# Non-Conservative E-field

1. Feb 25, 2012

### Septim

Greetings everyone,

While I was studying on my own using MIT OCW, I came across the following document. In that document in the last part you are asked to calculate the ratio of the reading of the two voltmeters positioned to the left and right of the loop. I did some work on them but I am unsure if I interpreted the question correctly. Any help would be appreciated.

Thanks,

P.S: I found it appropriate to post it in this section since it is related with classical physics and it is not a homework question.

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2. Feb 25, 2012

### Hassan2

Thanks for sharing this interesting problem. According to my calculation, the ratio becomes -R2/(2R1+R2).

Last edited: Feb 25, 2012
3. Feb 25, 2012

### Septim

Shouldn't it change when the loop goes ne times around the magnetic field can you write the Kirchhoff's Loop Rule equations for the loops?

Thanks

4. Feb 25, 2012

### Hassan2

It's simple in fact. Did you take account of the emf induced on the outer loop?

5. Feb 25, 2012

### Septim

The outer loop that includes V_1 and the middle loop only, am I wrong ?

6. Feb 25, 2012

### Hassan2

Here are the equations

I=ε/(R1+R2)

V2=-R2I=-R2ε/(R1+R2)

V1=ε+R1I=(2R1+R2)ε/(R1+R2)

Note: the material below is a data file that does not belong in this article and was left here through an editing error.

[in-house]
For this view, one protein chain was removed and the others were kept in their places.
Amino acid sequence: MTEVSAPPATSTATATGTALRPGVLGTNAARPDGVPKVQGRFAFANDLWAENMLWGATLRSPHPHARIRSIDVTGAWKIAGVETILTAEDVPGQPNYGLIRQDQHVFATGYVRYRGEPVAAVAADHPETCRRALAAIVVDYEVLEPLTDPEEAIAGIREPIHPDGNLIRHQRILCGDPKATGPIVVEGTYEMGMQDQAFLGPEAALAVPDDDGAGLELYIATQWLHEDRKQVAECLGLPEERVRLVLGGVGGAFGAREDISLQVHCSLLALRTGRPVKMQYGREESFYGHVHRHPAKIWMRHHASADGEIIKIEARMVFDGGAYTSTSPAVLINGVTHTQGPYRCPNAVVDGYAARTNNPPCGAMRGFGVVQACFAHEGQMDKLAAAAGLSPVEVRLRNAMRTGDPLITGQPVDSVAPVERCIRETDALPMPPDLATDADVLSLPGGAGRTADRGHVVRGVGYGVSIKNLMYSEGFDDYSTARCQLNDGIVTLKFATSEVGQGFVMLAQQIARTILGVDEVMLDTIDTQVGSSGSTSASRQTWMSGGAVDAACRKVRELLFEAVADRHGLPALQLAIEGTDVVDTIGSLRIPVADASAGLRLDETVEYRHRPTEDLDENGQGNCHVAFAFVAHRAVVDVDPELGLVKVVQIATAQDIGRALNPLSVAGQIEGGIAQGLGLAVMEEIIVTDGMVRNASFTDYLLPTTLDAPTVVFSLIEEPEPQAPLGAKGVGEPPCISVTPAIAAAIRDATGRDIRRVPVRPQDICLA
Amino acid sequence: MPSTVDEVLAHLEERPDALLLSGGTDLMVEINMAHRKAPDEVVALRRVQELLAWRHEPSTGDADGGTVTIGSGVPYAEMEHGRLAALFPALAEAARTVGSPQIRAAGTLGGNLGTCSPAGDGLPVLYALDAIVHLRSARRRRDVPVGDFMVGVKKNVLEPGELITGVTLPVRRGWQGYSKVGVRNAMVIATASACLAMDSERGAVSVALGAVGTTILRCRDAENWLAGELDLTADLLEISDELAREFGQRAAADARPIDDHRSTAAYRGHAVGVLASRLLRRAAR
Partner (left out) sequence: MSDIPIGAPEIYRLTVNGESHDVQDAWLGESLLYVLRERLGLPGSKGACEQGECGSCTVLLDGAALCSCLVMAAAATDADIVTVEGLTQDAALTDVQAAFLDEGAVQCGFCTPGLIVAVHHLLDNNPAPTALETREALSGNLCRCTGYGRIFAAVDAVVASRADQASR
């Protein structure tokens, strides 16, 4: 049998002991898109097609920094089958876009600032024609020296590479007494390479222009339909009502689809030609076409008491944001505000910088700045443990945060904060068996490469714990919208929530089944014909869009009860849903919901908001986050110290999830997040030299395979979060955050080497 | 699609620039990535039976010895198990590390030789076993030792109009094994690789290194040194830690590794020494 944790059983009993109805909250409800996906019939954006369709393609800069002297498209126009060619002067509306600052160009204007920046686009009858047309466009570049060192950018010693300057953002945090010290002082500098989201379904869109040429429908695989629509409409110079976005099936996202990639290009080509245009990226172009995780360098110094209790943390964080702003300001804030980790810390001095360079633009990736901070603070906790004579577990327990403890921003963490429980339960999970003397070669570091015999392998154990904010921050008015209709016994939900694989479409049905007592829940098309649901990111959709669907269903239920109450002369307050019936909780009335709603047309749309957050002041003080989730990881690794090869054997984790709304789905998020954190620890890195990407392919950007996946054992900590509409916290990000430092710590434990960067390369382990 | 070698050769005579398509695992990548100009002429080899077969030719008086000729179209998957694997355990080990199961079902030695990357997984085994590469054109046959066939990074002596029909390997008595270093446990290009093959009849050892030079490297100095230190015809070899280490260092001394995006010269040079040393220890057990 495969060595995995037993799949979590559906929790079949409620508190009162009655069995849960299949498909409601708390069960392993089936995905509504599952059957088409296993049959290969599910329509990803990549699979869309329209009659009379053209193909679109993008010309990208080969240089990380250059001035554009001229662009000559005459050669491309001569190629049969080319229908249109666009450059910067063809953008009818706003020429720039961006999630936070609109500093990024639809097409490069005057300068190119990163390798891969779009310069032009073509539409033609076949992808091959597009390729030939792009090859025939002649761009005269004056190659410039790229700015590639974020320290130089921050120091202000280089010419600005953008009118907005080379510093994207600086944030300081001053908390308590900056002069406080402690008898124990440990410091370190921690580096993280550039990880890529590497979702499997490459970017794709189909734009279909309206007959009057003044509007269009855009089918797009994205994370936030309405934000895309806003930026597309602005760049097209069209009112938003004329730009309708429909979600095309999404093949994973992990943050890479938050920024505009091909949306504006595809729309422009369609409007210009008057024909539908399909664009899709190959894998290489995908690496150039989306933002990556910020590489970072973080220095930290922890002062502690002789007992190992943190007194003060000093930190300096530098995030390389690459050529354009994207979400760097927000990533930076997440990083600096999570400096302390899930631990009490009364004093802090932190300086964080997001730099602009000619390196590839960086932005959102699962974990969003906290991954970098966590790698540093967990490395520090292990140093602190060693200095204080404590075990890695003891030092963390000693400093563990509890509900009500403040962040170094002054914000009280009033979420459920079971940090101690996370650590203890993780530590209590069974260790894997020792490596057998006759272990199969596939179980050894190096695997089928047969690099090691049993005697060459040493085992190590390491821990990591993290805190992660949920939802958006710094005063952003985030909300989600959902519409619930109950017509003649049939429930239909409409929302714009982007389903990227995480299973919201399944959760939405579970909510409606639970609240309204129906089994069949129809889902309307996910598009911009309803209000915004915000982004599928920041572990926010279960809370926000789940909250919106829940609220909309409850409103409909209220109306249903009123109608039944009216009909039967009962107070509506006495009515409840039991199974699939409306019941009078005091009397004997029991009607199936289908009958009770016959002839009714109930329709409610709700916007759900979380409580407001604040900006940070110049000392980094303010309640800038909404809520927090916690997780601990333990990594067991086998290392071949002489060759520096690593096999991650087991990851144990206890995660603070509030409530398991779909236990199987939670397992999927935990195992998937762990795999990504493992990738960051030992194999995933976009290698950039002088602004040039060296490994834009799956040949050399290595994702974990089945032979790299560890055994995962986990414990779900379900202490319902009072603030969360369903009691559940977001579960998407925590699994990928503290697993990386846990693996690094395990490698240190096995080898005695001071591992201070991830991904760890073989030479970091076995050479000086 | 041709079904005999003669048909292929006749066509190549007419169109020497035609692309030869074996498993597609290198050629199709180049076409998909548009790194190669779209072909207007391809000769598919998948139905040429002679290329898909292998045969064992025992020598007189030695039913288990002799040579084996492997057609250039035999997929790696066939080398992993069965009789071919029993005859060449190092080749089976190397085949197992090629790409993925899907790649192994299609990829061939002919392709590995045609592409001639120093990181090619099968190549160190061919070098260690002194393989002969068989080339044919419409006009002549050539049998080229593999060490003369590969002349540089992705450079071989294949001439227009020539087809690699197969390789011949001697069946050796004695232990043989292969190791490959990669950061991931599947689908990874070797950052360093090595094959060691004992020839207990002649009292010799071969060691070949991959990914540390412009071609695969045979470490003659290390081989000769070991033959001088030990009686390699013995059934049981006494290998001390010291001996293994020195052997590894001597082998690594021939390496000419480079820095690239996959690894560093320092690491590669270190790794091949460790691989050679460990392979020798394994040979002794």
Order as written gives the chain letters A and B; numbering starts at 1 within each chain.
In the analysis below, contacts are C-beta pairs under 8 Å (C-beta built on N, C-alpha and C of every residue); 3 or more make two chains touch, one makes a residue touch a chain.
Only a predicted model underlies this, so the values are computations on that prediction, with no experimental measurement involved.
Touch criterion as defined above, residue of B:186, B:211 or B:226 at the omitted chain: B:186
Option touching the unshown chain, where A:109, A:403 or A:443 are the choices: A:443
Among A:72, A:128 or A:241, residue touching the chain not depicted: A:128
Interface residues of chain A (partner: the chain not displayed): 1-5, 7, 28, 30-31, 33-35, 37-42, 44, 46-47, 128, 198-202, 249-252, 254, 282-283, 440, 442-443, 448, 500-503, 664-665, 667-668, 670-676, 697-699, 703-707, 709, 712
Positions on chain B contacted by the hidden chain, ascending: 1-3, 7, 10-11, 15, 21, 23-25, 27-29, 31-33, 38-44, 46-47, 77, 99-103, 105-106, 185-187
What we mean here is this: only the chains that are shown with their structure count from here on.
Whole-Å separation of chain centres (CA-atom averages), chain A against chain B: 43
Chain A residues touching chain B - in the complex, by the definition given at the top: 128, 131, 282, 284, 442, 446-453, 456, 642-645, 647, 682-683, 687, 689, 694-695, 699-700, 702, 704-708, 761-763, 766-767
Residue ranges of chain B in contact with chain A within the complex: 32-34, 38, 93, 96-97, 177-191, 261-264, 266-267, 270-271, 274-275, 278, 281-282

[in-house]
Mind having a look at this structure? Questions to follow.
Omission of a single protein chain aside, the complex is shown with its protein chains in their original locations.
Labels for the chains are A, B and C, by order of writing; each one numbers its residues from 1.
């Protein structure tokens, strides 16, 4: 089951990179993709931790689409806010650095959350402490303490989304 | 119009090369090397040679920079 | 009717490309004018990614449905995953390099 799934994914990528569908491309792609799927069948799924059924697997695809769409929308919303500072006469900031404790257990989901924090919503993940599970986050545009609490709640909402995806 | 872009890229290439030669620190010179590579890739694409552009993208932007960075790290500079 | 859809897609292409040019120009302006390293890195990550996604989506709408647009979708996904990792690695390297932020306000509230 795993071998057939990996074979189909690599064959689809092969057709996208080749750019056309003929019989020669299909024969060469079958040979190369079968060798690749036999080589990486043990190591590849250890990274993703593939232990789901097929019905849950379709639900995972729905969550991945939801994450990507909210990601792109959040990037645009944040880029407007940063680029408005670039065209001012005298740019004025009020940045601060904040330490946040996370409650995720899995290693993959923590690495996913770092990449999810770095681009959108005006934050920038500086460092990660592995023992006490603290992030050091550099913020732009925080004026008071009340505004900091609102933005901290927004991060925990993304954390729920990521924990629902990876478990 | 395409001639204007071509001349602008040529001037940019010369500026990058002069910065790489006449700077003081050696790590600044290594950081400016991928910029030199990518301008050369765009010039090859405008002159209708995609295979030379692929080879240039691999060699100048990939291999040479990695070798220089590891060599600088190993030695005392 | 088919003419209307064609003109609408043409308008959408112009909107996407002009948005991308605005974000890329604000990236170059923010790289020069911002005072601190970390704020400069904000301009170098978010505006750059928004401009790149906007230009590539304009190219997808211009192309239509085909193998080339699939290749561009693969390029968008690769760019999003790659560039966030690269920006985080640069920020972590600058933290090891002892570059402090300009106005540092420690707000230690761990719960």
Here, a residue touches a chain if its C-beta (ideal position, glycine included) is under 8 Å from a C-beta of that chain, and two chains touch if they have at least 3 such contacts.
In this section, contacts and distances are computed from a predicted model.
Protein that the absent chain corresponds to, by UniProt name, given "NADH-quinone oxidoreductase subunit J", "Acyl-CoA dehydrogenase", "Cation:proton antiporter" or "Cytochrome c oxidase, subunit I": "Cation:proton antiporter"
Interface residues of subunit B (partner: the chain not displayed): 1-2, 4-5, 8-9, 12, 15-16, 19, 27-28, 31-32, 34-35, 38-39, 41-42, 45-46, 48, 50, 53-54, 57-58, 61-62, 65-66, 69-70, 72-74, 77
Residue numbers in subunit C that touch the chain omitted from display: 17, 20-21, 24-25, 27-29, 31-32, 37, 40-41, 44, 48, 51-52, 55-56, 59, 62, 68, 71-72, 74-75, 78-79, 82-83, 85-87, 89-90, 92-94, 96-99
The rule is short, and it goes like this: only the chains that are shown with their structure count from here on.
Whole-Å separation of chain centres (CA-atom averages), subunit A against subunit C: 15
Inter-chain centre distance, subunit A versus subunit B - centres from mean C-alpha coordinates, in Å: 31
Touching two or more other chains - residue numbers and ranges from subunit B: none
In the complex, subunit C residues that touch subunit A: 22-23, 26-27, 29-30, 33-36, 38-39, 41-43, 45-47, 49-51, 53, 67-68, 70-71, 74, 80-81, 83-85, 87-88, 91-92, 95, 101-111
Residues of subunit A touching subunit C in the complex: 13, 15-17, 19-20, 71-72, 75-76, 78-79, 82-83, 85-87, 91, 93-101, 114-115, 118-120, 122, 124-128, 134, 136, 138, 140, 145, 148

V2/V1=--R2/(2R1+R2)

7. Feb 25, 2012

### Hassan2

Suppose the magnetic field is coming out of the plane as it is decreasing. This induces ε volt emf which causes a current passing through R2 from A terminal to D terminal. The same emf is induced in the outer loop only that the current is negligible due to the high resistance of the voltmeter. The potential of the upper terminal will be ε volt higher than the potential of terminal D .

I hope its clear.

8. Feb 25, 2012

### Septim

Thank you I think it is clear now! In my expression V1/V2 = (ε + IR1)/IR2, and it gives the same answer if I plug in the approximated value of I into it. Then this is some sort of transformer if I am not mistaken. If the loop was wrapped N times the coefficient of R1 in the denominator of your expression would be (n+1), am I right ?

9. Feb 25, 2012

### Hassan2

When wrapped N times, V1/V2=- (Nε + IR1)/IR2=-(N+1)R1/R2+N.

I am hesitant to call it a transformer because in a transformer we have input and output terminals. Where is the input terminal here? Also his ratio was calculated with the assumption than voltmeters have impedance much higher than R1 and R2. If we replace , for example V2, with a voltage source, things will change. Beside, although the ratio is independent of the flux, the voltages do depend on it.

10. Feb 25, 2012

### Septim

Thanks for the reply but I think the ratio would be ((n+1)R1+nR2)/R2.

11. Feb 25, 2012

### Hassan2

It's the same. ((n+1)R1+nR2)/R2= (n+1)R1/R2+nR2/R2=(n+1)R1/R2+n

12. Feb 25, 2012

### Septim

Sorry my bad, I am indebted.

13. Feb 26, 2012

### DrZoidberg

Btw. the lecture that goes with that pdf is on youtube.

Last edited by a moderator: Sep 25, 2014
14. Feb 27, 2012

### Hassan2

Thanks a lot. That was entertaining as well as informative.

The main point of such a problem is that in a time-varying magnetic field, the voltage difference between two points in a conductive material ( here wires) can be non-zero.

Last edited by a moderator: Sep 25, 2014